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Twenty years ago, a grassroots movement in Volusia County to preserve environmentally sensitive lands and improve and expand ecological, cultural, historical and outdoor recreational facilities led to the birth of the ECHO and Volusia Forever programs.

Both ECHO and Volusia Forever attracted overwhelming community support when voters went to the polls in 2000 to approve the programs and the dual property taxes of up to 1/5 of a mill each that fund them.

To a resident who owns a $150,000 home with a $50,000 homestead exemption, both programs combined amount to an extra $40 a year on their tax bill.

The results of the voters’ decision are evident everywhere you look, including right here in West Volusia.

With Volusia Forever, more than 38,000 acres have been acquired through purchase and conservation easements. Environmental gems like the Lake George Forest and Wildlife Management Area, the Longleaf Pine Preserve and the Scrub Oaks Preserve are now being maintained as public lands for generations to enjoy.

And the ECHO program has helped finance the acquisition, restoration, construction and improvement of facilities that are being used right now for environmental, ecological, cultural, historical/heritage and outdoor recreation.

A total of 221 projects have been funded, including a world-class series of popular multiuse trails.

Also right here in our West Volusia community, other beneficiaries of the ECHO program have included the African American Museum of the Arts, the Athens Theatre, the Barberville Pioneer Settlement, the Lake Helen Creative Arts Center, Spec Martin Memorial Stadium and the Sperling Sports Complex, Shoestring and Stover theatres, the Museum of Art – DeLand, the Seville soccer field, Stetson University’s aquatic center, and several local recreational facilities such as Barkley Square Dog Park, Lemon Bluff Park, Shell Harbor Park and the DeLand Family YMCA.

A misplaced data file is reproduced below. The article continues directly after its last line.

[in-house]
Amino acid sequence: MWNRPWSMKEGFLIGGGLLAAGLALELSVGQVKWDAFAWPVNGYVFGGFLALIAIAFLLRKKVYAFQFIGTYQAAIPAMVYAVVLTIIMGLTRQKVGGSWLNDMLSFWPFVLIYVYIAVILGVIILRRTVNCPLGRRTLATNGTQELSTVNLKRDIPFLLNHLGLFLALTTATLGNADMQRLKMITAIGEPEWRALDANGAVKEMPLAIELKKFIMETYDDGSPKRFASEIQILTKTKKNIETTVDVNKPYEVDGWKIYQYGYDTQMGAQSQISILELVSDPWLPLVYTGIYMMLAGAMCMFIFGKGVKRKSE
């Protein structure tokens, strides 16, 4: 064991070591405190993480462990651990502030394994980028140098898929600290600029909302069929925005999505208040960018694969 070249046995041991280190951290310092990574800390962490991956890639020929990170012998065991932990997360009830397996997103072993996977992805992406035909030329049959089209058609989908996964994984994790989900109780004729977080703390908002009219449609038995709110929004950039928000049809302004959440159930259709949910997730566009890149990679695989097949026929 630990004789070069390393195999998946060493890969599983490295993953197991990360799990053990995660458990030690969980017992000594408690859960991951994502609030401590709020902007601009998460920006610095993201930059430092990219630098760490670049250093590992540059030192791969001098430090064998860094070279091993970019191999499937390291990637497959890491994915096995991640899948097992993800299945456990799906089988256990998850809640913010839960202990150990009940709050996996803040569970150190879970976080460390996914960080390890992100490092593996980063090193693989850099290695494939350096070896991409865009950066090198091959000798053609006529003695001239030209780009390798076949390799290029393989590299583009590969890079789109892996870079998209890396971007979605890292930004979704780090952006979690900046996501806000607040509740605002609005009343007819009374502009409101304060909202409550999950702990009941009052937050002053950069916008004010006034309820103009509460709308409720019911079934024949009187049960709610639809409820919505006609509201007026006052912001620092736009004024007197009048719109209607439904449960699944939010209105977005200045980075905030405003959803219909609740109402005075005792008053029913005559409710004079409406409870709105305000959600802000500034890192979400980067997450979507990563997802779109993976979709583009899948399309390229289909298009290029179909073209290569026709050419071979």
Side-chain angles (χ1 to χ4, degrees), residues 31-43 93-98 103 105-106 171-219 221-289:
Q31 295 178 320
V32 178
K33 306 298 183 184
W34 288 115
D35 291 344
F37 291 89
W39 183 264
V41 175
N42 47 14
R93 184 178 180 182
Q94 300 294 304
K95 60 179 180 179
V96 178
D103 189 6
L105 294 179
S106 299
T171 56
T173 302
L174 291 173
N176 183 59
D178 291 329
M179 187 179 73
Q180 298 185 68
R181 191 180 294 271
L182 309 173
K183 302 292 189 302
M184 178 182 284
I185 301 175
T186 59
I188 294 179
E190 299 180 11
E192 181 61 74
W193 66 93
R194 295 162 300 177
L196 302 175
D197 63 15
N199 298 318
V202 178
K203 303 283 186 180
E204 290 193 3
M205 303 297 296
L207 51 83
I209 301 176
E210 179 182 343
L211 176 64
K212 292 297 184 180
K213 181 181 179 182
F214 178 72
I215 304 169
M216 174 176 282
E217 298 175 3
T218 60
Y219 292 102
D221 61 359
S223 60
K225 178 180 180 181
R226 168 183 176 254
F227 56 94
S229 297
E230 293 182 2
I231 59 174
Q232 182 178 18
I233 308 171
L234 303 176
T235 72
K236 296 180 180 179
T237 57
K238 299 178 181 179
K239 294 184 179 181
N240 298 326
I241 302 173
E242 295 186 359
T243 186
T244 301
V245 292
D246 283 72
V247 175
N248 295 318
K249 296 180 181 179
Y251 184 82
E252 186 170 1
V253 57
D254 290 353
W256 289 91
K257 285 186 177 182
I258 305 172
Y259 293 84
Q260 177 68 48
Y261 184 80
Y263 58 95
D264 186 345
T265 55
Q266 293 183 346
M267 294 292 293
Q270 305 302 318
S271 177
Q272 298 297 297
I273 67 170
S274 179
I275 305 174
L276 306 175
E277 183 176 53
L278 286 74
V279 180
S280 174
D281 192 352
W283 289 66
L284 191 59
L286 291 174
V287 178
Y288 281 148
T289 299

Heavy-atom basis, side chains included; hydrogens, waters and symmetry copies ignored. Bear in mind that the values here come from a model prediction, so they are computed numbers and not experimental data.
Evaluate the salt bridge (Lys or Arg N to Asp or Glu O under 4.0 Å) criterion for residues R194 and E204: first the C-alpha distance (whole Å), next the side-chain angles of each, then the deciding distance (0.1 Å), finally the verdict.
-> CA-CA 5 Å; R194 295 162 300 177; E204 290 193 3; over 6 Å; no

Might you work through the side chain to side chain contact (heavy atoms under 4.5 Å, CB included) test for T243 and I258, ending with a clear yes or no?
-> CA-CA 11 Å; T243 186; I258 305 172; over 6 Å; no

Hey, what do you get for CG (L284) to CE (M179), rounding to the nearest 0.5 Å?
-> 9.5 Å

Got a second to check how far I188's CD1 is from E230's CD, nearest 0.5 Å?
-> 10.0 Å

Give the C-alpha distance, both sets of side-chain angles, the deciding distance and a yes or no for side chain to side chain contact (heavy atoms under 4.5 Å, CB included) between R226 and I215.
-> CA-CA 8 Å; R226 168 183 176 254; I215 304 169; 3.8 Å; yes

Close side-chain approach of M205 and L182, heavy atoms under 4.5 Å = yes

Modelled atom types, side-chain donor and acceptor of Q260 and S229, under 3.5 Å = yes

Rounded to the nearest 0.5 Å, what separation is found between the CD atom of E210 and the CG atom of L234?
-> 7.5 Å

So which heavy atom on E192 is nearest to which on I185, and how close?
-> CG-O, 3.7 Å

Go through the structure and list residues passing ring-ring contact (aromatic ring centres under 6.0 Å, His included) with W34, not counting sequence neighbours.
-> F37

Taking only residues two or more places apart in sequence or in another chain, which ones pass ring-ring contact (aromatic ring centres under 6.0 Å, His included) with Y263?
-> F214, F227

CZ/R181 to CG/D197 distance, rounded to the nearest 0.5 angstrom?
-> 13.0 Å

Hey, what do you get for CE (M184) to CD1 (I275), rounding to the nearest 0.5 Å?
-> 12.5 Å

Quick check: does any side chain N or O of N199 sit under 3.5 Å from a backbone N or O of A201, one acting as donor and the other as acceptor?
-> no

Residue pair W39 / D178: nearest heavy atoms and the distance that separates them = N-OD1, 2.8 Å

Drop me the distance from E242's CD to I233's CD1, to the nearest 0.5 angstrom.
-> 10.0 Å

Now, two decades later, the original voter mandate is about to expire.

With the last tax levy for both programs scheduled to occur next year, the County Council has agreed to let Volusia County voters decide if they want the programs to be renewed for another 20 years.

The twin questions will be put before voters in the Nov. 3 general election.

Much like it was 20 years ago, I look forward to this once again becoming a genuine grassroots issue. It’s my hope that community and civic organizations will get involved, become engaged in the process, and host educational meeting and listening sessions.

We want to make sure your voices are heard. And we want to make sure that the public is ready to make an informed decision that serves the best interests of our community.

The best way to do that is to get involved and be a part of the conversation.

I’m just a phone call (386-837-8069) or an email (bgirtman@volusia.org) away.

— Girtman is a member of the Volusia County Council, representing DeLand-area District 1. She also helps lead the county’s Complete Count Committee for the census.

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Barb and her husband, Jeff, were both born in Kokomo, Indiana, a factory town surrounded by cornfields about 50 miles north of Indianapolis. In 1979, they set out on a road trip that would define their lives, and would end with their taking up residence in DeLand. After working at the DeLand Sun News and the Orlando Sentinel 1979-92, Barb helped found The Beacon, and was appointed publisher and CEO in 2013. Since late 2004, Barb has also managed Conrad Realty Co.’s historic property in Downtown DeLand, where The Beacon is an anchor tenant.


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